What I felt could have been emphasised more was the appropriate way to filter, but we did go over some of this (i.e. anticipating lights changing, cars changing lanes, doors opening etc).

    I would recommend it to anyone.

  • From KattieP

    Been meaning to do this for a while. I had my cycle training last saturday. All in all - glad I did it. My trainer was extremely passionate and enthuastic about the whole thing. She gave me a call beforehand and asked what I wanted to get out of it. I said I was a fairly experienced cyclist. She suggested we cycle a bit of my route to work which made great sense since I do it 2x a day.
    Anyway - we started out in Brockwell park with her assessing my basic skills (ability to look over both shoulders, and emergency swerves/stops). Then we went onto some quite streets and talked about filtering into traffic and what is best for different situations. Doing the route to work was really helpful and I now realise my lane positioning at lights (esp around Kennington) should be more central. She pointed out to me that I shouldn't always try to get in front of cars at lights and that sometimes that just pis*es drivers off and achieves nothing. Very important to assess traffic both ahead and behind you.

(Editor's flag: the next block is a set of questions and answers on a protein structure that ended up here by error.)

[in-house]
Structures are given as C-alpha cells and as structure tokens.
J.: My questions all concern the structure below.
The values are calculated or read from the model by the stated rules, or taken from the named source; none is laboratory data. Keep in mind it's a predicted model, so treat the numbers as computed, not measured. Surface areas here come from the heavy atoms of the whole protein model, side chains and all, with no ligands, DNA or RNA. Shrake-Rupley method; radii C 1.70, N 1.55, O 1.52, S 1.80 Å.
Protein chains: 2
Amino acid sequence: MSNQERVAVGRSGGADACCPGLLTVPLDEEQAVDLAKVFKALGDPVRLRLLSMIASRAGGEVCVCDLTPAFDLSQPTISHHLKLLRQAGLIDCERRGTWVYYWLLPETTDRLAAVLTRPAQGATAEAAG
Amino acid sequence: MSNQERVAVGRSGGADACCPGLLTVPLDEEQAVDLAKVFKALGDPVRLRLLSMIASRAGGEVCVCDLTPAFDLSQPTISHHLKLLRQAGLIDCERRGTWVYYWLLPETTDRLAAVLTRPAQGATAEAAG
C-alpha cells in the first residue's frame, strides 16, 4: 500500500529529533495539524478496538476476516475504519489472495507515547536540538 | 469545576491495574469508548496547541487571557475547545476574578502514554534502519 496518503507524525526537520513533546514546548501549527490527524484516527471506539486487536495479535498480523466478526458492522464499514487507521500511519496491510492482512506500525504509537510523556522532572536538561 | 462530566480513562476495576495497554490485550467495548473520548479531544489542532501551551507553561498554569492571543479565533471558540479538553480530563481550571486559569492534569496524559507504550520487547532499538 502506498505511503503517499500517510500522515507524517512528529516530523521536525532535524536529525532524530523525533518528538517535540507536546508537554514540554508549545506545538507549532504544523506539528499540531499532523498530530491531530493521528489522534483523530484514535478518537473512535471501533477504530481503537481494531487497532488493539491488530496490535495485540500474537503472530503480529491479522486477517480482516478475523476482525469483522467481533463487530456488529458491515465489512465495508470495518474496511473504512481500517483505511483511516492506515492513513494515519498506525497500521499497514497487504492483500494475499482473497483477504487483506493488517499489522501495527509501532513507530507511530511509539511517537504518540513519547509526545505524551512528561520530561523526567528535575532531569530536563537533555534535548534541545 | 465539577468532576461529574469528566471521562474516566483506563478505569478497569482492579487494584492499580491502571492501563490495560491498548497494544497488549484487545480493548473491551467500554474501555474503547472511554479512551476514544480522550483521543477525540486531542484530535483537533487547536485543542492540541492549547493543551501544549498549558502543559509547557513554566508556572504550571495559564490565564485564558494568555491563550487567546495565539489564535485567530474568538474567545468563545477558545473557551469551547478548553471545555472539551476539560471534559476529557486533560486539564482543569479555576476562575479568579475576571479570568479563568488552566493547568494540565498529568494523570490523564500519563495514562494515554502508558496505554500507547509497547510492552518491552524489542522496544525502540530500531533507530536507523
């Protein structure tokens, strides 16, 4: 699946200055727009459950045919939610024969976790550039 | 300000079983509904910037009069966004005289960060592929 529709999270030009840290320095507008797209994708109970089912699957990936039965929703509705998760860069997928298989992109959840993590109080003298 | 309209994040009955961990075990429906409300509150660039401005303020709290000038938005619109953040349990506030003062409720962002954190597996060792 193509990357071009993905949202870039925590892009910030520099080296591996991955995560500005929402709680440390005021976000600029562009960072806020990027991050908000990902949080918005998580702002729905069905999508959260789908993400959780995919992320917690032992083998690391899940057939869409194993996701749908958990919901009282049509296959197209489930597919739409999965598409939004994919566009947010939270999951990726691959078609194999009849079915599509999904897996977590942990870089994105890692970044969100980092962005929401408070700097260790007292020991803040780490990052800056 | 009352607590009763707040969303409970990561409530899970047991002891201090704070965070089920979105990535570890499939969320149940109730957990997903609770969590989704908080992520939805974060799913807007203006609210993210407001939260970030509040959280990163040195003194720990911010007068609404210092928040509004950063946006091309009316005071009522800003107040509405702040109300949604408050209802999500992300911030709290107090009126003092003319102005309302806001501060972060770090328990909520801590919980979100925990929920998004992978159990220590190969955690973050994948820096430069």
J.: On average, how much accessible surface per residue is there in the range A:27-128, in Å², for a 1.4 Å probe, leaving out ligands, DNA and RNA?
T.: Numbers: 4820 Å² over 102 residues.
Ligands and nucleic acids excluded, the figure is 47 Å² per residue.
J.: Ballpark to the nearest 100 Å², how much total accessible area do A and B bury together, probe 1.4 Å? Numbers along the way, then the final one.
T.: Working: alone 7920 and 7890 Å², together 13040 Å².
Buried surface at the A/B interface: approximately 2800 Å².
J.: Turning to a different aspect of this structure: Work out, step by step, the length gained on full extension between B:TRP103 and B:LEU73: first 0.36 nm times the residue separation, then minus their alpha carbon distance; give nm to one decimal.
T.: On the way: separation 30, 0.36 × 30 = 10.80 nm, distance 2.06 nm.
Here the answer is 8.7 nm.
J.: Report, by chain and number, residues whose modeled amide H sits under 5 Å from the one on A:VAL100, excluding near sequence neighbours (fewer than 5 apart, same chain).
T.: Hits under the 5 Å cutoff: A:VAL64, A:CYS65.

All in all a really useful couple of hours and for the measley sum of £8 (thanks to lambeth council subsidising it), I highly recommend - everyone would get something out of it.

  • From Arvy

    Another recommendation to do cycle training.
    Having ridden in the London's famous London for 5 years, I was skeptical but am happy to have spent 2 hours doing this.

    As many councils offer this free, there is absolutely NO reason not take some training. I learned a couple of little things (like positioning at junctions, and general road position and even emergency stops) which immediately helped.

    My trainer was lovely lfgss member ShannonBall so there are even "people like us" who did this and if you pay council tax, start getting your money's worth - check your bill to find out your local council